Structured around acoustic guitar strums and Dacus’ now trademark vocal delivery, she creates a very vivid scene, brimming with palpable tension and emotion, within the song’s lyrics—like reading the best kind of haunted, pensive, and gorgeous short fiction.

Following her solo performance of “Thumbs,” the members of her band filed onto the stage; forgoing any material from Dacus’ 2016 debut, No Burden, they tore through six songs from this year’s outstanding Historian. Working with a lead guitarist, bassist, and drummer, the material was stripped down quite a bit when compared to the additional bombast found on the recorded versions—the rollicking and jaunty “Addictions” was missing the flourishes of brass that give it an additional punch, but Dacus and her band mates are capable enough and energetic enough to make up for whatever elements they were not able to replicate in a live setting. 

And while it was very apparent on Historian just how hard Dacus and her band can rock—on stage, when those specific moments arrive, they have no problem delivering. Her set was loud. Not, like, too loud to the point where my ears are still ringing, many days after the concert; and not, like, too loud to where instruments and vocals became one indistinguishable wall of sound on stage—but just loud enough to provide a startling juxtaposition between the introspective, somber guitar strumming of “Thumbs,” and the howling vocals and torrential downpour of distorted chords from the final song of her set, “Night Shift.”


This song is about a boy who likes video games, and hates women

On stage, at least with her own band, Phoebe Bridgers is nothing like her internet persona—not sutble and snarky like her presence on Twitter as ‘Millennial Falcon,’ and not as delightfully self-aware as she is on Instagram.

I hesitate to say that she’s so focused that she can’t leave any room for humor or spontaneity, but there is little space available for anything other than the moody, and at times, macabre songs in her set—comprised almost entirely of material from her 2017 debut full length, Stranger in The Alps, save for a loosely organized cover of The Replacements’ “Here Comes A Regular,” in an effort to cater to the Minneapolis crowd.

The songs from Stranger in The Alps have grown slightly through live performance—Bridgers, perhaps tired of roughly playing the same batch of tunes night to night, has started using alternate phrasing and delivery of her vocals in a few moments—specifically noticeable in the slow burning set opener, “Smoke Signals.”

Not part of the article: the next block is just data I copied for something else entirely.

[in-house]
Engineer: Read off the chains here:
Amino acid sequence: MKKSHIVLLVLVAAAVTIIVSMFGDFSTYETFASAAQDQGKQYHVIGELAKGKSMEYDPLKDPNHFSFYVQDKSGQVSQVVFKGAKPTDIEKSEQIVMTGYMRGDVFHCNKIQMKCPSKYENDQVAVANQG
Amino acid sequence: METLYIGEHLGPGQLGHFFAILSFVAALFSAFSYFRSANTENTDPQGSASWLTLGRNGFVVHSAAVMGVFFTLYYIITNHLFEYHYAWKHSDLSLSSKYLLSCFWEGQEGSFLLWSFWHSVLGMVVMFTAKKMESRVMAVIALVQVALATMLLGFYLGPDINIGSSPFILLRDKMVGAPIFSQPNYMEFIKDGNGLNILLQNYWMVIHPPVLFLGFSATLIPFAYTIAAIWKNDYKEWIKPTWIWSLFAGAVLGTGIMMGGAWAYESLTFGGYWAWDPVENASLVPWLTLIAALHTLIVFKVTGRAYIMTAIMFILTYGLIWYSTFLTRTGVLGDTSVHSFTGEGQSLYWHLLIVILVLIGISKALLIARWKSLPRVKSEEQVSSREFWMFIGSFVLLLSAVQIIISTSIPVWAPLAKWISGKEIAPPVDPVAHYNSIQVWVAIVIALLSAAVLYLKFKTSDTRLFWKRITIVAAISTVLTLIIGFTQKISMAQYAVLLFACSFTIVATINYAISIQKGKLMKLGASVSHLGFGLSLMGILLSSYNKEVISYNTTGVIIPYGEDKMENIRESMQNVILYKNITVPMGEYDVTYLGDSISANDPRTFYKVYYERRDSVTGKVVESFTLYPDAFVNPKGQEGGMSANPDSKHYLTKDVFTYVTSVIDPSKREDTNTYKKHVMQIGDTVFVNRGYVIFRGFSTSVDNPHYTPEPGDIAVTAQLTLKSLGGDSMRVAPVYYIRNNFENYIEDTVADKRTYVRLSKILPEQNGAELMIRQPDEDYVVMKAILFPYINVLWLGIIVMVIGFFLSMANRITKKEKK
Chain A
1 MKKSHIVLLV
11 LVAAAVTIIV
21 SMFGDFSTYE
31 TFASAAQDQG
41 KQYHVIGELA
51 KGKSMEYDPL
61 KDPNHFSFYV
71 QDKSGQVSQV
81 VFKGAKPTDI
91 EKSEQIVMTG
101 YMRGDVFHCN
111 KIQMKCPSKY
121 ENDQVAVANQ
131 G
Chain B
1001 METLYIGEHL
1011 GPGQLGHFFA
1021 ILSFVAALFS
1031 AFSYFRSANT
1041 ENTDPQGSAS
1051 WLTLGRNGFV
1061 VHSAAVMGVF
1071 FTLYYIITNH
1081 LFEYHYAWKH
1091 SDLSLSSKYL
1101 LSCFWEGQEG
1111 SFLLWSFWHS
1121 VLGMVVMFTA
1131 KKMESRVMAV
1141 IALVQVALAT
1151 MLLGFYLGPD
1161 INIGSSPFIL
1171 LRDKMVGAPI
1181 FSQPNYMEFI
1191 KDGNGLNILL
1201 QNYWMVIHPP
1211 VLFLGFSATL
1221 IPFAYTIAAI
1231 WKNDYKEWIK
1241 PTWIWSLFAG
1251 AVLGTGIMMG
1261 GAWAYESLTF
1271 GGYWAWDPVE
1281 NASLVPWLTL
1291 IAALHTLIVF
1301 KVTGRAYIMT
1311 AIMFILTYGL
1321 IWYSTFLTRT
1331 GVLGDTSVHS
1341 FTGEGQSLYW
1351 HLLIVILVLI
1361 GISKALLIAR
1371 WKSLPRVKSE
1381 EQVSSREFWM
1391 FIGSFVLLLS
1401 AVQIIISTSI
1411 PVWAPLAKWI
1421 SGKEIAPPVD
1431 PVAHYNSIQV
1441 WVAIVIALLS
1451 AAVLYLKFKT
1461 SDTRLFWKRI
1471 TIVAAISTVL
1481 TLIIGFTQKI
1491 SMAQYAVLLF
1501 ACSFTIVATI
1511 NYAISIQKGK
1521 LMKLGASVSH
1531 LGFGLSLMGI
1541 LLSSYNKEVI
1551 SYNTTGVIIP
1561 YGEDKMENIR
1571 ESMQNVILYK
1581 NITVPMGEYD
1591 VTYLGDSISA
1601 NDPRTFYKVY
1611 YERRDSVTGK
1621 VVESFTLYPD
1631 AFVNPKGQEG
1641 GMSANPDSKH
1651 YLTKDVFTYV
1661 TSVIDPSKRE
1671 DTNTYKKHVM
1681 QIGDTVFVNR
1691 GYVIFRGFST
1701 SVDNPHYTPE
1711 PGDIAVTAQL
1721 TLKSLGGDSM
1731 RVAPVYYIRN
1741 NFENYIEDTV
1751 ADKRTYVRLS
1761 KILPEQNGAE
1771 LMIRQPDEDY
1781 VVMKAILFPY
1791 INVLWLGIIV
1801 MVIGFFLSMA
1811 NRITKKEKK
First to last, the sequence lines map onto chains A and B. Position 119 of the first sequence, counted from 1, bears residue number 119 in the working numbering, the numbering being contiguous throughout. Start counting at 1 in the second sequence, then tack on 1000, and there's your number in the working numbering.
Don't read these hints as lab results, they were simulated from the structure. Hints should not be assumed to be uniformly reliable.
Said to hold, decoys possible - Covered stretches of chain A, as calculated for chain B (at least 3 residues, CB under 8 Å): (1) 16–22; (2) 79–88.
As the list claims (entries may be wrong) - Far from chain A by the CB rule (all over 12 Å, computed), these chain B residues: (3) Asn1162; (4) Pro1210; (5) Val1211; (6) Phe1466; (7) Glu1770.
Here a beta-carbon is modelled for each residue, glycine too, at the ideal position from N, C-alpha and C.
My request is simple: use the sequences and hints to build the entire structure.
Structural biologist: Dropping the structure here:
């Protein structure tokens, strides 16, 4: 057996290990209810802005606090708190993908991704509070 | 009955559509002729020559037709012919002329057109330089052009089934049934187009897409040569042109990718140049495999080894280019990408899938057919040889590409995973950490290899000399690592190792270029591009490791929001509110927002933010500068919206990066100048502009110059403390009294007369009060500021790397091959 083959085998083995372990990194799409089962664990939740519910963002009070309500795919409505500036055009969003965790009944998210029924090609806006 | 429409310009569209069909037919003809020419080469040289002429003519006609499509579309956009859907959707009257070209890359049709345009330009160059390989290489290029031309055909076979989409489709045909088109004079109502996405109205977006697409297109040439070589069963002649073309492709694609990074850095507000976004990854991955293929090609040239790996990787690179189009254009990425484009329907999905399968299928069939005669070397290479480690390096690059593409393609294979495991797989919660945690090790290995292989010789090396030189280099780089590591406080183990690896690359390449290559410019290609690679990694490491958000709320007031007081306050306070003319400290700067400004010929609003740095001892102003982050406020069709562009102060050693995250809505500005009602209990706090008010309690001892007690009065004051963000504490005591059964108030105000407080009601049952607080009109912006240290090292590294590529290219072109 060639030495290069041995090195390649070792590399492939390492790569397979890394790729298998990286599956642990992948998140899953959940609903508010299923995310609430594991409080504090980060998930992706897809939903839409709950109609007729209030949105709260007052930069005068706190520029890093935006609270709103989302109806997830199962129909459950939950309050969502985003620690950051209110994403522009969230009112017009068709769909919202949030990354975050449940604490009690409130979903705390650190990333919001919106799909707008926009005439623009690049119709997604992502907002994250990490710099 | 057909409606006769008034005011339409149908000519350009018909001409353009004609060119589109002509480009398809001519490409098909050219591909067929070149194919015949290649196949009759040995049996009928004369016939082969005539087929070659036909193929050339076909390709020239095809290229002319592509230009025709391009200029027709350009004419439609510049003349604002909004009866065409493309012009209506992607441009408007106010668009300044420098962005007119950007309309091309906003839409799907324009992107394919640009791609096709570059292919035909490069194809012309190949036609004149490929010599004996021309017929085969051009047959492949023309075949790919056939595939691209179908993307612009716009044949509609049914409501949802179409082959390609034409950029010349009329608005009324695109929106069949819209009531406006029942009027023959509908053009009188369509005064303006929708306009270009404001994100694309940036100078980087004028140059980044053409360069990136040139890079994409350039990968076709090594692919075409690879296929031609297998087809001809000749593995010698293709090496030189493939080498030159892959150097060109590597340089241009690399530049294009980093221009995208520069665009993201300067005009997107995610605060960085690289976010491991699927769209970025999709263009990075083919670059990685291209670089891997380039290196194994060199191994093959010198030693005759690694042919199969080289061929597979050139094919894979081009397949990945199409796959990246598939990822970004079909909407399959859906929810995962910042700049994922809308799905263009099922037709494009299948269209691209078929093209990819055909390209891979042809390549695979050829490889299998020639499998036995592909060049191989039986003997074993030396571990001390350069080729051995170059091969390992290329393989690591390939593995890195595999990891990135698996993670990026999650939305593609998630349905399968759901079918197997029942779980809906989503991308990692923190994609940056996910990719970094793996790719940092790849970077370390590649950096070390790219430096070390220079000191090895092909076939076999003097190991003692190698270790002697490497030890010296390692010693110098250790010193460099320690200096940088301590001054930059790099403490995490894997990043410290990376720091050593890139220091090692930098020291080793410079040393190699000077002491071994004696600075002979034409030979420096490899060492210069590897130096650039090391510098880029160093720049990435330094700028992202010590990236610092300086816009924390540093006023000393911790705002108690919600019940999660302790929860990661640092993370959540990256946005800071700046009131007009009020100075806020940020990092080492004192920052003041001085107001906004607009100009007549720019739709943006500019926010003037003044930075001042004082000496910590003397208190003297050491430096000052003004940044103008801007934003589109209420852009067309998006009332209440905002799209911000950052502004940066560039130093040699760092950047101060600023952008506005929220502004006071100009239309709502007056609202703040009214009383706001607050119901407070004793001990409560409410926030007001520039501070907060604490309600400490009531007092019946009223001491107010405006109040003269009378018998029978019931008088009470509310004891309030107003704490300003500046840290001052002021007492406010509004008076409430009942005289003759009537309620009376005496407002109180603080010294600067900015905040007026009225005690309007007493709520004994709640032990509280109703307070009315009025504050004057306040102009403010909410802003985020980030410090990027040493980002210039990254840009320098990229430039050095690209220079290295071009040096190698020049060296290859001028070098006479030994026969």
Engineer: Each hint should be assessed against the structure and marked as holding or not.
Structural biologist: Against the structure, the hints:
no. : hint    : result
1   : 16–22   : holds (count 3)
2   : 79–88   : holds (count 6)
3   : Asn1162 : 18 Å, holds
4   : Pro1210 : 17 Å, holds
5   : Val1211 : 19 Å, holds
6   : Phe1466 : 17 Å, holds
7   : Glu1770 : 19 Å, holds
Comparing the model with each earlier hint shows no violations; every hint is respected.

A number of the Stranger in The Alps songs also do not feature percussion, but to accommodate her band on stage, drums have been added to songs like “Funeral” and “Would You Rather”—and in these cases, specifically with the depressive tension and dark humor of “Funeral,” the addition of the drums felt shoe horned in.

While “Smoke Signals” was released nearly a year in advance of Stranger in The Alps, the album gained a lot of traction with its infectious, scathing second single, “Motion Sickness.” It, as well as the most recent single taken from the album, “Scott Street,” were saved until the end of Bridgers’ set.

Much had been made about who the antagonist of “Motion Sickness” is—it was revealed as part of a long interview with Bridgers from the UK based website The Telegraph, who took this bit of information and built their whole piece around it. Yes, “Motion Sickness” is about Ryan Adams—Adams produced a 7” single with Bridgers in 2015, and began romantically pursuing her shortly there after; she wrote the song after their presumably short, assuredly tumultuous affair ended.
Before launching into the snarling opening guitar line of “Motion Sickness,” Bridgers introduced the song by saying it was about a boy who likes video games and hates women.

It doesn’t take a genius to figure out that the song was about Ryan Adams—and it certainly didn’t take an interview conducted and posted seven months after the release of the album to confirm those suspicions: the line about a hypnotherapist, singing with an English accent, and the lyric “You were in a band when I was born” were all giveaways without a big reveal.